The purpose of this systematic review was to evaluate clinical studies on the follow-up survival of implants inserted in the zygomatic bone for maxillary rehabilitation. A comprehensive search of studies published from 2000 to July 2012 and listed in the PubMed/MEDLINE, Embase, and Cochrane Library databases was performed in accordance with the PRISMA statement. Relevant studies were selected according to predetermined inclusion and exclusion criteria. The initial database search yielded 751 titles. After filtering, 313 abstracts were selected, culminating in 42 full text articles. Application of eligibility criteria led to the elimination of 17 articles. Hence 25 full-text articles were considered clinically relevant and were included. Calculations of the interval survival rates and cumulative survival rates of implants could be carried out on the data extracted from the final list of included studies for the different time intervals. These studies reported the insertion of a total of 1541 zygomatic implants and 33 implant failures. Failure generally occurred during the first year interval and was related to clinical complications, such as recurrent acute and chronic sinusitis. After a 36-month follow-up, the survival rate was 97.86%. Additional studies with longer follow-up periods, including the number of zygomatic implants inserted and details of the variations in the surgical techniques used and the impact of the maxillary morphology are still required.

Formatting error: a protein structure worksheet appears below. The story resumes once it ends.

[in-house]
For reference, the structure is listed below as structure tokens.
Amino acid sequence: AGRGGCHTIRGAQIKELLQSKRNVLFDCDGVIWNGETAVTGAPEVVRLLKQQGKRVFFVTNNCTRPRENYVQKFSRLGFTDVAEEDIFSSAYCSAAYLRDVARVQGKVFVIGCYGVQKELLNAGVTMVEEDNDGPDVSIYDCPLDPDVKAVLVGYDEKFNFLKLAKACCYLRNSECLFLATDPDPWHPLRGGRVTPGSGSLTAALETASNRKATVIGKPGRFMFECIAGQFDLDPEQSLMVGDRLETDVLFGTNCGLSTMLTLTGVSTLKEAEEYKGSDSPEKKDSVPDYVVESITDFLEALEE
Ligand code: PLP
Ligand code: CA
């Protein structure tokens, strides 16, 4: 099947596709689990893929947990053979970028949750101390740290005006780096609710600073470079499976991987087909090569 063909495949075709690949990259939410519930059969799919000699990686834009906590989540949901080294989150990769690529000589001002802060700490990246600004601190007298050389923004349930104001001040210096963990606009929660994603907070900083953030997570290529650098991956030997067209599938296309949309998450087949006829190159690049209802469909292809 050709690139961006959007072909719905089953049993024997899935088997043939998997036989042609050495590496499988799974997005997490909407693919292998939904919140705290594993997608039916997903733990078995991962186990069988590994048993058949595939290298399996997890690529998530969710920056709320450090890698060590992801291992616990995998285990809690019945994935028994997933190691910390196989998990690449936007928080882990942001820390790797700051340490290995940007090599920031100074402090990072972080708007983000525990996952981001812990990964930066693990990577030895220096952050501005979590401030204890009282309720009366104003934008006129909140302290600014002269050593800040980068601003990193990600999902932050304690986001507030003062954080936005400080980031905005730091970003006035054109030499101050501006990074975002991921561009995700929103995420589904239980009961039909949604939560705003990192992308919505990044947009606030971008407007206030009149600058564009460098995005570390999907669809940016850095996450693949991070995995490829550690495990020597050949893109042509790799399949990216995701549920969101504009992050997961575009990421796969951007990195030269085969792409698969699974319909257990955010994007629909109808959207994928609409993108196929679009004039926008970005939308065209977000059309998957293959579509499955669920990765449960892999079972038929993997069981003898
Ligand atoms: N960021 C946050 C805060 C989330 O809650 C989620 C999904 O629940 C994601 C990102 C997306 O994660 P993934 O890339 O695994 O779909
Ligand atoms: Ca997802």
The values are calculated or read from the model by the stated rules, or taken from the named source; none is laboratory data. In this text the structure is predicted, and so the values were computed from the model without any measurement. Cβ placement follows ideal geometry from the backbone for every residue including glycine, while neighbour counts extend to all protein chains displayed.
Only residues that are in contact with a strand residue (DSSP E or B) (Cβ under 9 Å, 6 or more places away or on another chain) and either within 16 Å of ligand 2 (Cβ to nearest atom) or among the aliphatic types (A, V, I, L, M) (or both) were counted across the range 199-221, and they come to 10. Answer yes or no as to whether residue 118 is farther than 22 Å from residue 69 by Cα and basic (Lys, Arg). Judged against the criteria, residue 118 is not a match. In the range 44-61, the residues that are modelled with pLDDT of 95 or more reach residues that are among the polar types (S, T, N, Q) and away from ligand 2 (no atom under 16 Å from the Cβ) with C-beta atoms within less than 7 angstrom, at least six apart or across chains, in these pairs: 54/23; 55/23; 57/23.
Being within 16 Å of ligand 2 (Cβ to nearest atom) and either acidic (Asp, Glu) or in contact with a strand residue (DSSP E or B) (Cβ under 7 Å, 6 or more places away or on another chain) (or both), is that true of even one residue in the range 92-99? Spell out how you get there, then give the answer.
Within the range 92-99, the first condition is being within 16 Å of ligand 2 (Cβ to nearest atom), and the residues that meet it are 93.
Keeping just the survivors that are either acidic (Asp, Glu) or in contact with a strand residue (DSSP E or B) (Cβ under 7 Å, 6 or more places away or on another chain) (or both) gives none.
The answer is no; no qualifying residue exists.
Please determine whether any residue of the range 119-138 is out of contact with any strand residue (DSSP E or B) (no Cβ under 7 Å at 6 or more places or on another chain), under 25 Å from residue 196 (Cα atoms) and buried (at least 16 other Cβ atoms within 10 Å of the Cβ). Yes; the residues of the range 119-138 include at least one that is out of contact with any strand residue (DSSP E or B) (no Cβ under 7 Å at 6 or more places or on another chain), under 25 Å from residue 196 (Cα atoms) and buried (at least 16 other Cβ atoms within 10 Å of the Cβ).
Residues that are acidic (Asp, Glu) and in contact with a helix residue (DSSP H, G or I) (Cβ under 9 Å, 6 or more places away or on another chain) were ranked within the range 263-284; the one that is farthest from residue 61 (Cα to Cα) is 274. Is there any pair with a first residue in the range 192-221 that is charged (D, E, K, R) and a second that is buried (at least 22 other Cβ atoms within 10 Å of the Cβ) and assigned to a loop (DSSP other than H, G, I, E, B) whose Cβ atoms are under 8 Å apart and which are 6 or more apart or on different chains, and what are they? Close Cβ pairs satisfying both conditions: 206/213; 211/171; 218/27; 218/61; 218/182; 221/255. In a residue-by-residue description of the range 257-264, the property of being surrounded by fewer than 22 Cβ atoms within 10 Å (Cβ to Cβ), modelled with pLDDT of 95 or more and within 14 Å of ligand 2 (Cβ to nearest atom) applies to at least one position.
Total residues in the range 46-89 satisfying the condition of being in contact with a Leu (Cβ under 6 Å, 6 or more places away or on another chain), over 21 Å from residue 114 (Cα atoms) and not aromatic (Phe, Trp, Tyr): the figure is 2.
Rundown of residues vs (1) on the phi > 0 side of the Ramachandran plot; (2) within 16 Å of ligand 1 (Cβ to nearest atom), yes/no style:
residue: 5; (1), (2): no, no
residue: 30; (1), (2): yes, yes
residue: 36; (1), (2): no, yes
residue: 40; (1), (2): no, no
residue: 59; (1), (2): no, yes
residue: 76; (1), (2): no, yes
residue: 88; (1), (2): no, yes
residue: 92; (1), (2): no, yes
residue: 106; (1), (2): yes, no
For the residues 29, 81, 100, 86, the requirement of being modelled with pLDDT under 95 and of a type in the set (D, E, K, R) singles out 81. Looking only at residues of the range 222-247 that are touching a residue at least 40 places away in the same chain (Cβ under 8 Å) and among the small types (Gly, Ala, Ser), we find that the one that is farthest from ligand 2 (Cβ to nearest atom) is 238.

Brånemark et al. and others have suggested that oral implants may be fixed in the zygomatic bone, alone or in combination with conventional implants, for the rehabilitation of an atrophic maxilla, or as an attachment system after a hemimaxillectomy. The zygomatic bone allows anchoring far from the occlusal level and presents regular and compact trabecular bone with 98% of bone density. For these reasons, some have suggested that zygomatic implants could be used as an alternative for fixed rehabilitation in edentulous patients. The use of zygomatic implants increases treatment success and decreases the use of bone grafts, the number of surgical steps, and the length of treatment. However, there are factors that are important to consider during the surgical–prosthetic planning of zygomatic implants, such as the size and extension of the nasal cavities, bone quantity, number and size of the implants, and the surgical technique. Clinical complications have been reported after implant insertion, including fracture of the prosthetic veneer and maxillary sinus infections requiring removal of the zygomatic implant.
The aim of this systematic literature review was to identify relevant clinical studies on zygomatic implants regarding their failure and clinical complications during follow-up. Two hypotheses were tested: (1) implant survival is reduced during the first year, and (2) the failure rate is not influenced by the number of zygomatic implants.